It’s fair (stereotypical but fair) to say that soap operas can have the tendency to be a little histrionic, both in their plot lines and acting quality. Opera is another such melodramatic medium, yet often the plot lines in opera are actually genuinely intensely emotional and therefore warrant an extremely expressive acting style. It is a very interesting idea then, to take a soap opera, with commercial interruptions (advertising soap!) to boot, and portray it in the form of a one act opera. Yes - Douglas Moore’s concept is extremely thoughtful and intriguing. But is Gallantry an entertaining production?

To start the show, we are shown a series of black and white adverts from the past, including commercials for Lyril Soap, Brylcreem and Mazda Lamps. As the adverts keep coming, it is noticeable that there is more and more singing in them, perhaps more than we see in commercials today. This leads quite nicely into the cast entering the space in front of the screen to start their performance with their own sung advert, before they begin this particular episode of Gallantry

The subject matter, combined with this style of operatic singing, makes for quite an eccentric piece of theatre, but it definitely has the capacity to be very amusing. This four strong cast are undoubtedly highly skilled singers, providing some positively gorgeous sounds at times, but sadly, there are too many downfalls to this production to suggest that it is a true success.

In order to make this an enjoyable parody, the acting would need to have some clear direction; either hammy (which would suit the concept well) or perhaps dead-pan - at least some strong feel. In this production, however, it is generally quite wooden. Most of the performances do not breathe enough at all, almost joining the dots at times. There is the odd moment of characterful flourish, but overall the show plateaus on a rather bland level which is neither here nor there.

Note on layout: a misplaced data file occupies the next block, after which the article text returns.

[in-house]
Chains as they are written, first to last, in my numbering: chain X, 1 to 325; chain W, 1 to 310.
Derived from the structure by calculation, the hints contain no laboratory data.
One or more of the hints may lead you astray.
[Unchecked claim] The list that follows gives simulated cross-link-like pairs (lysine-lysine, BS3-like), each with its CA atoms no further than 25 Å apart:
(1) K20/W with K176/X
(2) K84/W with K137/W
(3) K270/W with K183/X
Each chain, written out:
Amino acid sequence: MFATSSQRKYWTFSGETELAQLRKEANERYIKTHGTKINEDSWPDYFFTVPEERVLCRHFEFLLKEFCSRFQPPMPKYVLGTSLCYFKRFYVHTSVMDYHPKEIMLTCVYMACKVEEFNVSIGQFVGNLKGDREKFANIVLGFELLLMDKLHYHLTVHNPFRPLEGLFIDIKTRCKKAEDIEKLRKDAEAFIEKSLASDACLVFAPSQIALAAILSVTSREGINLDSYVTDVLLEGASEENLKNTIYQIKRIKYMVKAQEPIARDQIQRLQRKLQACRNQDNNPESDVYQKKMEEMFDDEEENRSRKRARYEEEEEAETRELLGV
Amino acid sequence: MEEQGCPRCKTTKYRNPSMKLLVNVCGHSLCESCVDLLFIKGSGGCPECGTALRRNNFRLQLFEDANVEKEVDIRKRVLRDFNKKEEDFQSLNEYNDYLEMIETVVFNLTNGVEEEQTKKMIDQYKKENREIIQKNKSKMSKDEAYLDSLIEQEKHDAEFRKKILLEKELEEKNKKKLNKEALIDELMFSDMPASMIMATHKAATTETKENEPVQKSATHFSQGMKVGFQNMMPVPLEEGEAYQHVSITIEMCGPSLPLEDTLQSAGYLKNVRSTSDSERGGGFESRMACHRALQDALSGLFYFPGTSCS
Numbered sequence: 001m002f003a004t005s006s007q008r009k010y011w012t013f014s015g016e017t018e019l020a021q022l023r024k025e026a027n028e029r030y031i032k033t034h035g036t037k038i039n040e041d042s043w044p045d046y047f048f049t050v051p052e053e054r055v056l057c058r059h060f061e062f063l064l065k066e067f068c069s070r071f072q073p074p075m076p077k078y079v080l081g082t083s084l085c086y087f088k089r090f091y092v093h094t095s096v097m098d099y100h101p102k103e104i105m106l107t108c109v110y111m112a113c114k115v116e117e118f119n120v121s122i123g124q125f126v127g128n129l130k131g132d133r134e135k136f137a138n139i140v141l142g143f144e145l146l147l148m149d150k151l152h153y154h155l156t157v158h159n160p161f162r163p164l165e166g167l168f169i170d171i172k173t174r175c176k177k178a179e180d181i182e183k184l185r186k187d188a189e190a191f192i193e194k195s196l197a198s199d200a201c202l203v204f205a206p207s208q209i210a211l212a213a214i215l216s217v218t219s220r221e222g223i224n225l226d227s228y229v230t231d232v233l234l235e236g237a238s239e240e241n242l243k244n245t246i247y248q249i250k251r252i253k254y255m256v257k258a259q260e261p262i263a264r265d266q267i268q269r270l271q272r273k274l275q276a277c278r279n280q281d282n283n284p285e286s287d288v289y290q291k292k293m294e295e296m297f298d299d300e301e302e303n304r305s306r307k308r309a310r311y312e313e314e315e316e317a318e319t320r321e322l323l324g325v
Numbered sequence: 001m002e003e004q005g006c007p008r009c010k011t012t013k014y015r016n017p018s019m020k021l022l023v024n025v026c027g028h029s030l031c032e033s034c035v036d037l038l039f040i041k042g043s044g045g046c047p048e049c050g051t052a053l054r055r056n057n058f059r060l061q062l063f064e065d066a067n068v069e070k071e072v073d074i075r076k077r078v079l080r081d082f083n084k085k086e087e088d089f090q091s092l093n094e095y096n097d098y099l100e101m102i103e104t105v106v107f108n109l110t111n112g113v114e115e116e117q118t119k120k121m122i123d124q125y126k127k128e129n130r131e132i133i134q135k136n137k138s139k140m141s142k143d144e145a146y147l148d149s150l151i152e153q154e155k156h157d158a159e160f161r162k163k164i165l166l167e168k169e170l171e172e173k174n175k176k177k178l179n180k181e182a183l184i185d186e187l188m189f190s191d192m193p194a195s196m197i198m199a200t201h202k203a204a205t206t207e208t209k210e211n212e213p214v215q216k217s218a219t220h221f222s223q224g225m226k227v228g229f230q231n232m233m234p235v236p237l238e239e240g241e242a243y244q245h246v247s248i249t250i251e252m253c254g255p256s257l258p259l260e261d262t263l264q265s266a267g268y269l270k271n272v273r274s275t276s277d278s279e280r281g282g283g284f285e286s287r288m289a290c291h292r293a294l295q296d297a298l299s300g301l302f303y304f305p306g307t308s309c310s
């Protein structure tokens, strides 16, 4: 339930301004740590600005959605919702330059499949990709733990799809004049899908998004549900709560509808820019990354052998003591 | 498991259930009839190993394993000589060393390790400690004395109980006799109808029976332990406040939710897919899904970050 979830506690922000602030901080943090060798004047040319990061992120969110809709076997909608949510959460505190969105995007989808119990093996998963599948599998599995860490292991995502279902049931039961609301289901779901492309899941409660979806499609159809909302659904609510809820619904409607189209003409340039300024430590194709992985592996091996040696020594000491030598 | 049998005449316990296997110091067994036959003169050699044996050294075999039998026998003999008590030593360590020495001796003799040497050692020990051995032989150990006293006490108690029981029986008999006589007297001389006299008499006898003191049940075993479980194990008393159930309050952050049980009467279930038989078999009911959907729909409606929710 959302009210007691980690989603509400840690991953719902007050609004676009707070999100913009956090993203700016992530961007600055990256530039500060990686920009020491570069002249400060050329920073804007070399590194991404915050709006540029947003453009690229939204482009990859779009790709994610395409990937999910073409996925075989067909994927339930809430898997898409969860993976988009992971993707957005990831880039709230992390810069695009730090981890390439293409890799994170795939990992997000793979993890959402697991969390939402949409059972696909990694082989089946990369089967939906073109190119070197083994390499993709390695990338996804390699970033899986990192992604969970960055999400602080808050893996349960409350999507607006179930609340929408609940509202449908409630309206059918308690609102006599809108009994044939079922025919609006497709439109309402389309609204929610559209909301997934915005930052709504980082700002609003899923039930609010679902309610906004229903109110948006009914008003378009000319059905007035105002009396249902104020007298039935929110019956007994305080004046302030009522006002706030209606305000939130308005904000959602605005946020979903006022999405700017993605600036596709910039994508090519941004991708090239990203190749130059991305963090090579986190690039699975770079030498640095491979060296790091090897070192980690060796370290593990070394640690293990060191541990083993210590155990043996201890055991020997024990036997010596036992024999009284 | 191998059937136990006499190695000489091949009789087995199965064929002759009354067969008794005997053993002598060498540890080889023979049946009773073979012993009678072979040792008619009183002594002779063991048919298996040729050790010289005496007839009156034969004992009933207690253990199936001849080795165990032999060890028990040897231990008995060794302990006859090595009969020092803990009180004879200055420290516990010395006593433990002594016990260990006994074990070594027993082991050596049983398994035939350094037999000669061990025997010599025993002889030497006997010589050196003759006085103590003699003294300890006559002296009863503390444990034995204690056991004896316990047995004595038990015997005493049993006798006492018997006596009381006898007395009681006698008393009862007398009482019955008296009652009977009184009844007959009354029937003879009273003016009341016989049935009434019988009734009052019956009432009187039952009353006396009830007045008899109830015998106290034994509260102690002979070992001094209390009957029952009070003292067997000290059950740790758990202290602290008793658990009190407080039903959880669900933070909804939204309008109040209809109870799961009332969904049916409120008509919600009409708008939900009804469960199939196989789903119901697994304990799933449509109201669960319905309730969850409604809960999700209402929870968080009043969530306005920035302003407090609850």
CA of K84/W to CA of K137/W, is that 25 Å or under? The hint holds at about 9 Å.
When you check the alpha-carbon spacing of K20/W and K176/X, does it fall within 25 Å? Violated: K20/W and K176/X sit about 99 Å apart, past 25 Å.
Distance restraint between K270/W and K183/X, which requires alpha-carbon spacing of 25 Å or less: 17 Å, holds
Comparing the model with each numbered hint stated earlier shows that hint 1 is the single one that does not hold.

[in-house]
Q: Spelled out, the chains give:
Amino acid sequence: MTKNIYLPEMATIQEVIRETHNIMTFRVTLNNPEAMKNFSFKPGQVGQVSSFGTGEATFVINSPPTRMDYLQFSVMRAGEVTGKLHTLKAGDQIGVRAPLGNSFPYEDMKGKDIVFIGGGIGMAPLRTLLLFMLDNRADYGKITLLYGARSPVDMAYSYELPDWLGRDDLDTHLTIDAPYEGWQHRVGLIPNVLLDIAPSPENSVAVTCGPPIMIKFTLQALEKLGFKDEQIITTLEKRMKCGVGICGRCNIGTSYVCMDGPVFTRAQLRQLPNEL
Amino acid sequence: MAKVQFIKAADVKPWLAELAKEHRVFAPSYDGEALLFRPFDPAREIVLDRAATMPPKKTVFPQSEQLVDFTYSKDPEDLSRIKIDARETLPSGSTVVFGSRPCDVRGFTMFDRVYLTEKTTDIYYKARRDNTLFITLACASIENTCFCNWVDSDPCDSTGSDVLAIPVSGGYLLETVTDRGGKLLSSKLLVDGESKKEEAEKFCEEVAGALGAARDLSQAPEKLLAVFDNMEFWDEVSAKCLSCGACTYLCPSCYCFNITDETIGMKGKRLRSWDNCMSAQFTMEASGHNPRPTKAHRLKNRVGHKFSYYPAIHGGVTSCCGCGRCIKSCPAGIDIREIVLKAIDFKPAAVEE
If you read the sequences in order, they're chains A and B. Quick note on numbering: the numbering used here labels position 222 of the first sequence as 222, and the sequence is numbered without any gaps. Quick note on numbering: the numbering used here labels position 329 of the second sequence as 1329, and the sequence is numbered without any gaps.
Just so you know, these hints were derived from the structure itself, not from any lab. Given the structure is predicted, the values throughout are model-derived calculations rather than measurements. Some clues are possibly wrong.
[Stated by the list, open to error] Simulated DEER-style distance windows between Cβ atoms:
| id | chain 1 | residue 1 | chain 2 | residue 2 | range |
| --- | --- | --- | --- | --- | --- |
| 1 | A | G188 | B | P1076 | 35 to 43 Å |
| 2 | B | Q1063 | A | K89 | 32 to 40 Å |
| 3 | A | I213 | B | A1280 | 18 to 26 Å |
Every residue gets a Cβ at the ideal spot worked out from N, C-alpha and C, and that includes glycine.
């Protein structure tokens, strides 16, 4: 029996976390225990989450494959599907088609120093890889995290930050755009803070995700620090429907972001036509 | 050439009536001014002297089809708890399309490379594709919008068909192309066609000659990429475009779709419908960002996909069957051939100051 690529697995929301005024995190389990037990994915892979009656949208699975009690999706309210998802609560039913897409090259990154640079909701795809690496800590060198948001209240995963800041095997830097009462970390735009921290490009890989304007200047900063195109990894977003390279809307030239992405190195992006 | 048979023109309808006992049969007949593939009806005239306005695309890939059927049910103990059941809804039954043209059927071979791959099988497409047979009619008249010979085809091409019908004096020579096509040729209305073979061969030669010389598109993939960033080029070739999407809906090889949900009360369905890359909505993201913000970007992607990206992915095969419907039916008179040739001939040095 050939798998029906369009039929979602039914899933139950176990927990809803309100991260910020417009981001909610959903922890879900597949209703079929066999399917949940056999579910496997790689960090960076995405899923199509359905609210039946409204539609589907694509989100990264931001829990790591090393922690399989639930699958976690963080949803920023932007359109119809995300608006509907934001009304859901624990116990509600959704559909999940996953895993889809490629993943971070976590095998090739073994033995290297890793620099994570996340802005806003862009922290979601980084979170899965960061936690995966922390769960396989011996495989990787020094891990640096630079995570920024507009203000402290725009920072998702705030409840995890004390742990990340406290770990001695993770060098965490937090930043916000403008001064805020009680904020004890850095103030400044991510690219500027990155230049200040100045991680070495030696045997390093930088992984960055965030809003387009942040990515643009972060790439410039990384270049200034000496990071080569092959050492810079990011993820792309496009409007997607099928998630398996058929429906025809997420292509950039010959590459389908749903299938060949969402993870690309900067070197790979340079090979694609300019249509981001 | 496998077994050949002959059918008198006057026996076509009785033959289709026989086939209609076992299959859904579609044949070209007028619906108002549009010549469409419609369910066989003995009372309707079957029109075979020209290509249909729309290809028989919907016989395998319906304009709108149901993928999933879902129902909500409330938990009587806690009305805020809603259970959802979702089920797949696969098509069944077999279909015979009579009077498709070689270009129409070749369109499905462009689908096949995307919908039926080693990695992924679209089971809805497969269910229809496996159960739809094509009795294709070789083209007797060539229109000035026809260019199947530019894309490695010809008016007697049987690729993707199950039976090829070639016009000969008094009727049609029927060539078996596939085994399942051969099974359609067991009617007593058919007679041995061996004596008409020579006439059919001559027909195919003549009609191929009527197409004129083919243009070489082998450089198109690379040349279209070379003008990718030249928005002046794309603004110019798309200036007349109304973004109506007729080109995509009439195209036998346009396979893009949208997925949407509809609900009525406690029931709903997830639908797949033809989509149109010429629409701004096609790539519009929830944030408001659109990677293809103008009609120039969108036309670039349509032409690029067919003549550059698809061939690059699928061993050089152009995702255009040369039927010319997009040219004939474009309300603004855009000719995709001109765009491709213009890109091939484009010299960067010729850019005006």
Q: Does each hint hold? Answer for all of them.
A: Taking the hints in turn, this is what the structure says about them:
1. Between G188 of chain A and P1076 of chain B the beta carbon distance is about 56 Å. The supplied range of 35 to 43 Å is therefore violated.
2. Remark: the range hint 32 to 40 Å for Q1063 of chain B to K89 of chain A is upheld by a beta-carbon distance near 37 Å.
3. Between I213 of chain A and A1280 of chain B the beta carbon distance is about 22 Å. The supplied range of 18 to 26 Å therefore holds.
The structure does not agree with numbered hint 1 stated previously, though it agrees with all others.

Occasionally, it is hard to comprehend some of the words, which can be quite common in opera, but when the entire performance is less than one hour long it is even more important that we can understand as much as possible in order to follow the story. Having said that, we are able to follow the fairly standard soap opera plot that unravels relatively easily. There are at least some appreciative audience reactions, particularly towards the end of this short piece, but one could estimate that these are based on the beautiful vocals we are treated to. As far as singing is concerned, the cast have happily filled the criteria.

In an opera, singing is, of course, of paramount importance, but even the most flawless vocal performance will not captivate or entertain in the same way that it could with the acting behind it. If a portrayal is emotionless, lack-lustre or wooden, an audience will not care for, or enjoy it. This show is also intended to be a comedy, but the wooden interpretations do not achieve the comical results this piece is worthy of.

In brief, had this performance been on the radio, it would have been a delight to behold. As it stands, the performances need much stronger directions and freer energies if we are to truly enjoy this opera.

Gallantry, at Etcetera TheatreDavid Richards reviews Gallantry at the Camden Fringe.2